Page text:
Wednesday, Mar. 30, 2011 3:07 PM
The uses of social media by government officials and some new permutations of conflicts of interest topped the list of new ethical dilemmas facing public officials created at the March meeting of the Public Sector Roundtable.
The Roundtable was instrumental in creating Unavoidable Ethical Dilemmas for Newly Elected Officials in 2004. On the seventh anniversary of the group's founding, members talked aout challenges that have arisen since that original list was written.
The Roundtable brings together, mayors, councilmembers, city managers, members of ethics commissions, and other public officials to discuss emerging issues in government ethics. The group's next meeting, May 6, will look at "Budgeting in Time of Fiscal Crisis."
Monday, Mar. 7, 2011 5:24 PM
The announcement by Lt. Governor Gavin Newsom that he will not open an office in the San Francisco state building but will instead take space at the private, invitation-only Founders Den for entrepreneurs raised eyebrows over possible conflicts of interest and lack of accessibility.
Newsom was invited to set up his office at the Founders Den by managing partner Zachary Bogue, who contributed the maximum amount allowed under law to Newsom's primary and general election campaign for lieutenant governor.
In an interview with the San Francisco Chronicle, Ethics Center Senior Fellow in Government Ethics Judy Nadler said:
"I think that it raises a red flag and poses some important questions about fairness and how campaign relationships may have an impact on officeholder actions," said Judy Nadler, former mayor of Santa Clara and senior fellow of government ethics at Santa Clara University's Markkula Center for Applied Ethics.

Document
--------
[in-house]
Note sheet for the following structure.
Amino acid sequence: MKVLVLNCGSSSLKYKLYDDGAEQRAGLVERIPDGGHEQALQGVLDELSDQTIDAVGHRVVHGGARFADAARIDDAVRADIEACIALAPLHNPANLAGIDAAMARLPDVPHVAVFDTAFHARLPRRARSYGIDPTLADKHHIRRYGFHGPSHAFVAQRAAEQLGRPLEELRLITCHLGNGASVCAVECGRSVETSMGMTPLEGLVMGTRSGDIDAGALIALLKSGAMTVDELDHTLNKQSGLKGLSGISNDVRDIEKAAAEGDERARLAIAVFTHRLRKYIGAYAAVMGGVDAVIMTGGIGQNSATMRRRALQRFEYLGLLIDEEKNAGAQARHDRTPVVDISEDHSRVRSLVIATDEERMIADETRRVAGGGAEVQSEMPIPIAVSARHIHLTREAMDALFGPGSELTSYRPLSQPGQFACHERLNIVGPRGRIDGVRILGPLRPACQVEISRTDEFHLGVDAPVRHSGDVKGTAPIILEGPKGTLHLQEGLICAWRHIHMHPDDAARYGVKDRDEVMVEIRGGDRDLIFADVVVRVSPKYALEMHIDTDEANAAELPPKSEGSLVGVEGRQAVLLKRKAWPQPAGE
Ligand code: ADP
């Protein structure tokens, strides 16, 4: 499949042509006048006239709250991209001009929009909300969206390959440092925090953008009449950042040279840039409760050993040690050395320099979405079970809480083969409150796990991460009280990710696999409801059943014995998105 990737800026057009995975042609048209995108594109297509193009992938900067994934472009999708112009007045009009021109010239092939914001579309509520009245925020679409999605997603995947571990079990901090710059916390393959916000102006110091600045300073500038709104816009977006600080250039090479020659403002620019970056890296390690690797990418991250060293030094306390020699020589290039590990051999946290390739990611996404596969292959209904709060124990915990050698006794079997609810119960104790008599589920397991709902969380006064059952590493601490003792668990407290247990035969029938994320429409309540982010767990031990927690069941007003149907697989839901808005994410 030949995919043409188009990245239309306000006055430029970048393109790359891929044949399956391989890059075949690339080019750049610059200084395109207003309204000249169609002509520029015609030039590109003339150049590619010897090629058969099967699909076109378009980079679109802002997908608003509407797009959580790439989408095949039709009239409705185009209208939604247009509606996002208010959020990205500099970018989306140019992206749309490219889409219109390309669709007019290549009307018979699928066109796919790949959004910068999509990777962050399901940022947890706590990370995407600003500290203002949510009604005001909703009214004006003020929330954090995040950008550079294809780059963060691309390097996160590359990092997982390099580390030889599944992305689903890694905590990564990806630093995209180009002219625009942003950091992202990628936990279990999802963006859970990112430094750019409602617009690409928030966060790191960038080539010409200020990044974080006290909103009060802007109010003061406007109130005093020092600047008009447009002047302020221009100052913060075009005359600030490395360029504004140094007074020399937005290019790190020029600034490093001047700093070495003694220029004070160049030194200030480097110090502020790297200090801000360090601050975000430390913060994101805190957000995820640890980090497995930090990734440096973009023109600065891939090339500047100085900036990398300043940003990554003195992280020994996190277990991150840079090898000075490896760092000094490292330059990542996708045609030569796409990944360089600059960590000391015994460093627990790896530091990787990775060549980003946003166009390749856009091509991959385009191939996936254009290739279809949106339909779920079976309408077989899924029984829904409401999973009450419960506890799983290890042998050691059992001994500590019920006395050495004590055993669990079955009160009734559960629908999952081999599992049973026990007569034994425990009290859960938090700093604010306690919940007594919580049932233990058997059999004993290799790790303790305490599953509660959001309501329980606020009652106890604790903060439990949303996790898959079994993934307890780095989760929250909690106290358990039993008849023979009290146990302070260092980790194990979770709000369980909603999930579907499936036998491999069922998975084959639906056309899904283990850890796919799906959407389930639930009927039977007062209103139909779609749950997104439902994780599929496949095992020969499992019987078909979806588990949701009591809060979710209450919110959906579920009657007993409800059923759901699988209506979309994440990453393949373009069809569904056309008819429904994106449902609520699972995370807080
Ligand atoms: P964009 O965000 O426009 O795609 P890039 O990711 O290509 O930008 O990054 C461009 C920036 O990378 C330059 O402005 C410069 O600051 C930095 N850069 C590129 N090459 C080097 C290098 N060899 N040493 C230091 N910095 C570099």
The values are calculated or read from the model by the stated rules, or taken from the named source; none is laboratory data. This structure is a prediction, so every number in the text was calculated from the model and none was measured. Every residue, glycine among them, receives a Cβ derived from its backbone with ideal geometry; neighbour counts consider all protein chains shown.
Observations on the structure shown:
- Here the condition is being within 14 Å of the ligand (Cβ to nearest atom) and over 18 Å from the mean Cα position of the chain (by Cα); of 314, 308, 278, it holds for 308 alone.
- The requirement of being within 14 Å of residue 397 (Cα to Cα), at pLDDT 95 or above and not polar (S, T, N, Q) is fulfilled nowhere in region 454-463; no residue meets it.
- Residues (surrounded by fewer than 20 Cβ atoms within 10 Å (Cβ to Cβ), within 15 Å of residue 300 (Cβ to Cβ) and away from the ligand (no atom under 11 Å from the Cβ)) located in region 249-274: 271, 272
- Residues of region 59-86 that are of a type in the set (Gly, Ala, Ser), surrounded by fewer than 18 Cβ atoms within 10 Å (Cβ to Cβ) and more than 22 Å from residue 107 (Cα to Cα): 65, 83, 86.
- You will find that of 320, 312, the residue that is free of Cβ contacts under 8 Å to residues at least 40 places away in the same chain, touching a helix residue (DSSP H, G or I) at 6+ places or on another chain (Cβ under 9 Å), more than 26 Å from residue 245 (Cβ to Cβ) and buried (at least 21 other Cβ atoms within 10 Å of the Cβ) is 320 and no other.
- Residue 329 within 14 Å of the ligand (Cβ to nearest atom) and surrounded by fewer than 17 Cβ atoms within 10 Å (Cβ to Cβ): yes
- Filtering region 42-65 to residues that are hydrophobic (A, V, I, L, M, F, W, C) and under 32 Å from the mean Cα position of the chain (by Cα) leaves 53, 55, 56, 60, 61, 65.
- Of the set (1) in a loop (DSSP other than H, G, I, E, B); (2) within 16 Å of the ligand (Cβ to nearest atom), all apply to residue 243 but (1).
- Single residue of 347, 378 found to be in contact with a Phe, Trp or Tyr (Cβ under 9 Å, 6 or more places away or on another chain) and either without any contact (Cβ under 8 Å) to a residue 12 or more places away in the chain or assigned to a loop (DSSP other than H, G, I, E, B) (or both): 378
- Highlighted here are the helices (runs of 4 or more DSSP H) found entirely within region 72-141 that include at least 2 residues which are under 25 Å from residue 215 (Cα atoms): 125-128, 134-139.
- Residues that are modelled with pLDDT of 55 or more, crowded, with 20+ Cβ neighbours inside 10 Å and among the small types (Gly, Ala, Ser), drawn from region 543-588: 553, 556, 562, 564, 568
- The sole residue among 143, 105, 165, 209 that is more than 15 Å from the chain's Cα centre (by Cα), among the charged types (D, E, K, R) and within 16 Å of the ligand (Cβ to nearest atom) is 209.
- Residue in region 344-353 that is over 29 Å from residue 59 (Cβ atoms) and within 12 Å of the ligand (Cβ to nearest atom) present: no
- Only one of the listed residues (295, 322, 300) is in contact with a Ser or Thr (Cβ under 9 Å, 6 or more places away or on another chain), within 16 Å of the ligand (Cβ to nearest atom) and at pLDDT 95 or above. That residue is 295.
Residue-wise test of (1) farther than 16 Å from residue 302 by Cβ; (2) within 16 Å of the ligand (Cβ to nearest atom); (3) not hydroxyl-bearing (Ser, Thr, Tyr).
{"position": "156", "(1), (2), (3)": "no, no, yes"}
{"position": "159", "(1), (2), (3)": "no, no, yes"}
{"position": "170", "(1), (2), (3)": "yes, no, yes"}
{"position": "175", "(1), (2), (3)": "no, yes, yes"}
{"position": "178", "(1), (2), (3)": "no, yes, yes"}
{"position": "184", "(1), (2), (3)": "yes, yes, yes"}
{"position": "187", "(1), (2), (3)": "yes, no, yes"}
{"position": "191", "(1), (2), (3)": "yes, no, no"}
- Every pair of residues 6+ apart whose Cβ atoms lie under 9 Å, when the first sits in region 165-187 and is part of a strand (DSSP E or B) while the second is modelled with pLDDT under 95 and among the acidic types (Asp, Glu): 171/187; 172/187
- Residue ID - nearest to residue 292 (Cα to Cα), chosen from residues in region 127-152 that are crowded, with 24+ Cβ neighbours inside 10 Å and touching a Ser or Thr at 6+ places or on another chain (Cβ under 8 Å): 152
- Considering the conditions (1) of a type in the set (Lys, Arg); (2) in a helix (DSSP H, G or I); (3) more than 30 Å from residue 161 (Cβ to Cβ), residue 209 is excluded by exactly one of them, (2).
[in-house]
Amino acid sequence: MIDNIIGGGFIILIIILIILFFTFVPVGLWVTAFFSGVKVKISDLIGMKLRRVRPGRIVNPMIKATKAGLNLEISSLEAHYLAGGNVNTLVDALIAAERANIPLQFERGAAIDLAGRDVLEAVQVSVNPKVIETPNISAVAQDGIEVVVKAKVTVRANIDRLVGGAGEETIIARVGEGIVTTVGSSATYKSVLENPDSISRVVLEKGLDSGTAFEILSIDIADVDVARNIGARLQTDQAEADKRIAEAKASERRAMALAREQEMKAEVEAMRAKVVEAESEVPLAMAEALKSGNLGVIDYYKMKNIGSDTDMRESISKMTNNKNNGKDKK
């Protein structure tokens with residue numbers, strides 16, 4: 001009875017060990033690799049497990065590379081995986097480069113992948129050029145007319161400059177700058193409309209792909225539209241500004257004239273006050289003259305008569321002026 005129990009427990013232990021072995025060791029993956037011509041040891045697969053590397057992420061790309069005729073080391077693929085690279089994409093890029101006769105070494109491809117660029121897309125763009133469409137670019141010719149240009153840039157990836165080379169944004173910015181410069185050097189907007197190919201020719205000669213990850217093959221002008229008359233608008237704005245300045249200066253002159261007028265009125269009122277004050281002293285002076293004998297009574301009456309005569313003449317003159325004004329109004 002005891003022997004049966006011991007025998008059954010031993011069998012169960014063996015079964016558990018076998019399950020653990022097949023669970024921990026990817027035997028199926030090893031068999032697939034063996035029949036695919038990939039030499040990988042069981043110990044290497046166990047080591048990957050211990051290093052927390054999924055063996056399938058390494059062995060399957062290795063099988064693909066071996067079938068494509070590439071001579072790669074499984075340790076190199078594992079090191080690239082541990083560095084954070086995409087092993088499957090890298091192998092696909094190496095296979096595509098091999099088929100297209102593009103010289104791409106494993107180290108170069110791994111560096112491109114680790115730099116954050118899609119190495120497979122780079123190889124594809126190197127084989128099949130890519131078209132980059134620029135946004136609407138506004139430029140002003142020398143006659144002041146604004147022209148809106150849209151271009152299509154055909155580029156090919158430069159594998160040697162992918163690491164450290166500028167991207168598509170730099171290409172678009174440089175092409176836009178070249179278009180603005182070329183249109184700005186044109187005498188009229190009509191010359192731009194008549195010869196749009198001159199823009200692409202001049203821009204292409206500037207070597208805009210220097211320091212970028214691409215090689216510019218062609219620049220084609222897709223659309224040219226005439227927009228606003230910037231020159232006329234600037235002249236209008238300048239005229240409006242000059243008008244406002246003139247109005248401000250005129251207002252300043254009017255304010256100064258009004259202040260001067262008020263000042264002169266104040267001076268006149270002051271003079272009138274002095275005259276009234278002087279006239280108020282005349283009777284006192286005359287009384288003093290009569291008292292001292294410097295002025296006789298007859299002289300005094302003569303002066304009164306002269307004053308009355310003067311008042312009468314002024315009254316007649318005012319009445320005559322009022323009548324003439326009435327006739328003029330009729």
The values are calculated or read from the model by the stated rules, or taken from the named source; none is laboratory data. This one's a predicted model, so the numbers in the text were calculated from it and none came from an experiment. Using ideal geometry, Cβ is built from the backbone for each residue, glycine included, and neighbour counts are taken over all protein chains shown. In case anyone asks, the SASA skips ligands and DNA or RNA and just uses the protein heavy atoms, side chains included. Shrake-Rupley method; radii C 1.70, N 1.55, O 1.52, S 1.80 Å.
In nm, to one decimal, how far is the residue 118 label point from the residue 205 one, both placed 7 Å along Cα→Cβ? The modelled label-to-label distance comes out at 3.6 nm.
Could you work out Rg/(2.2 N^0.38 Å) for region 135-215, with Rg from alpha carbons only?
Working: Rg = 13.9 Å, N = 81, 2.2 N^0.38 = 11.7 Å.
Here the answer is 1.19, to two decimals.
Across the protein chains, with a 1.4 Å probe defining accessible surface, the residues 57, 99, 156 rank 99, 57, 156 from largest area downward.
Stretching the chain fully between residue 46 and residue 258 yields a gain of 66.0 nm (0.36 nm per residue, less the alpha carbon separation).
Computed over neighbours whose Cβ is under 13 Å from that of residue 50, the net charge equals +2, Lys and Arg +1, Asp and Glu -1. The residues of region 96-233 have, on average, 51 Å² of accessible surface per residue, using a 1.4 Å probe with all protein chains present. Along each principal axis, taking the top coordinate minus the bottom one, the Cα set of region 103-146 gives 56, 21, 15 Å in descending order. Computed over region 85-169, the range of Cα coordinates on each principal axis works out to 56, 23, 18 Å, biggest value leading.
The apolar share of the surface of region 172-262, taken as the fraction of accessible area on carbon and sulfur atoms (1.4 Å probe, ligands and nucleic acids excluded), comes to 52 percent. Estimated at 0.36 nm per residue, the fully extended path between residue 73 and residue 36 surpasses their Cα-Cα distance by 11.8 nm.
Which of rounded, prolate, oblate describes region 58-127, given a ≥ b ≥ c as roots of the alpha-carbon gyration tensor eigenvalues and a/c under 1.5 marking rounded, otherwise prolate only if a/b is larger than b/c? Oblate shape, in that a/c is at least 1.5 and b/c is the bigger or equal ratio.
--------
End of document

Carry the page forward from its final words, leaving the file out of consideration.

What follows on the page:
"Being in the environment where the lieutenant governor is there and being part of an incubator that has basically been blessed by the lieutenant governor gives all persons who are involved a real advantage over people who weren't invited to become part of this," she added.
Thursday, Feb. 24, 2011 2:16 PM
Private dinner meetings between the CEO of Duke Energy and the chairman of the Indiana Utility Regulatory Commission raise questions about whether the relationship regulated and regulators is too close. As reported in the Indianapolis Star:
"This certainly gives the appearance of (Duke having) an inside track," said Judy Nadler, a senior fellow in government ethics at the Markkula Center for Applied Ethics at Santa Clara University in California, and a former mayor of Santa Clara, who frequently dealt with regulators on energy issues concerning the city-owned electric utility, Silicon Valley Power. "It's a fairness issue that everyone have equal access."
Tuesday, Feb. 22, 2011 9:16 AM
A Pierce County, Wash., official worked for two months as both a county councilman and executive director of the Peninsula Metropolitan Parks District while the county was considering an extension of the park district. In an article for the News Tribune, Center Senior Fellow in Government Ethics Judy Nadler commented, "It certainly appears he was trying to serve two masters.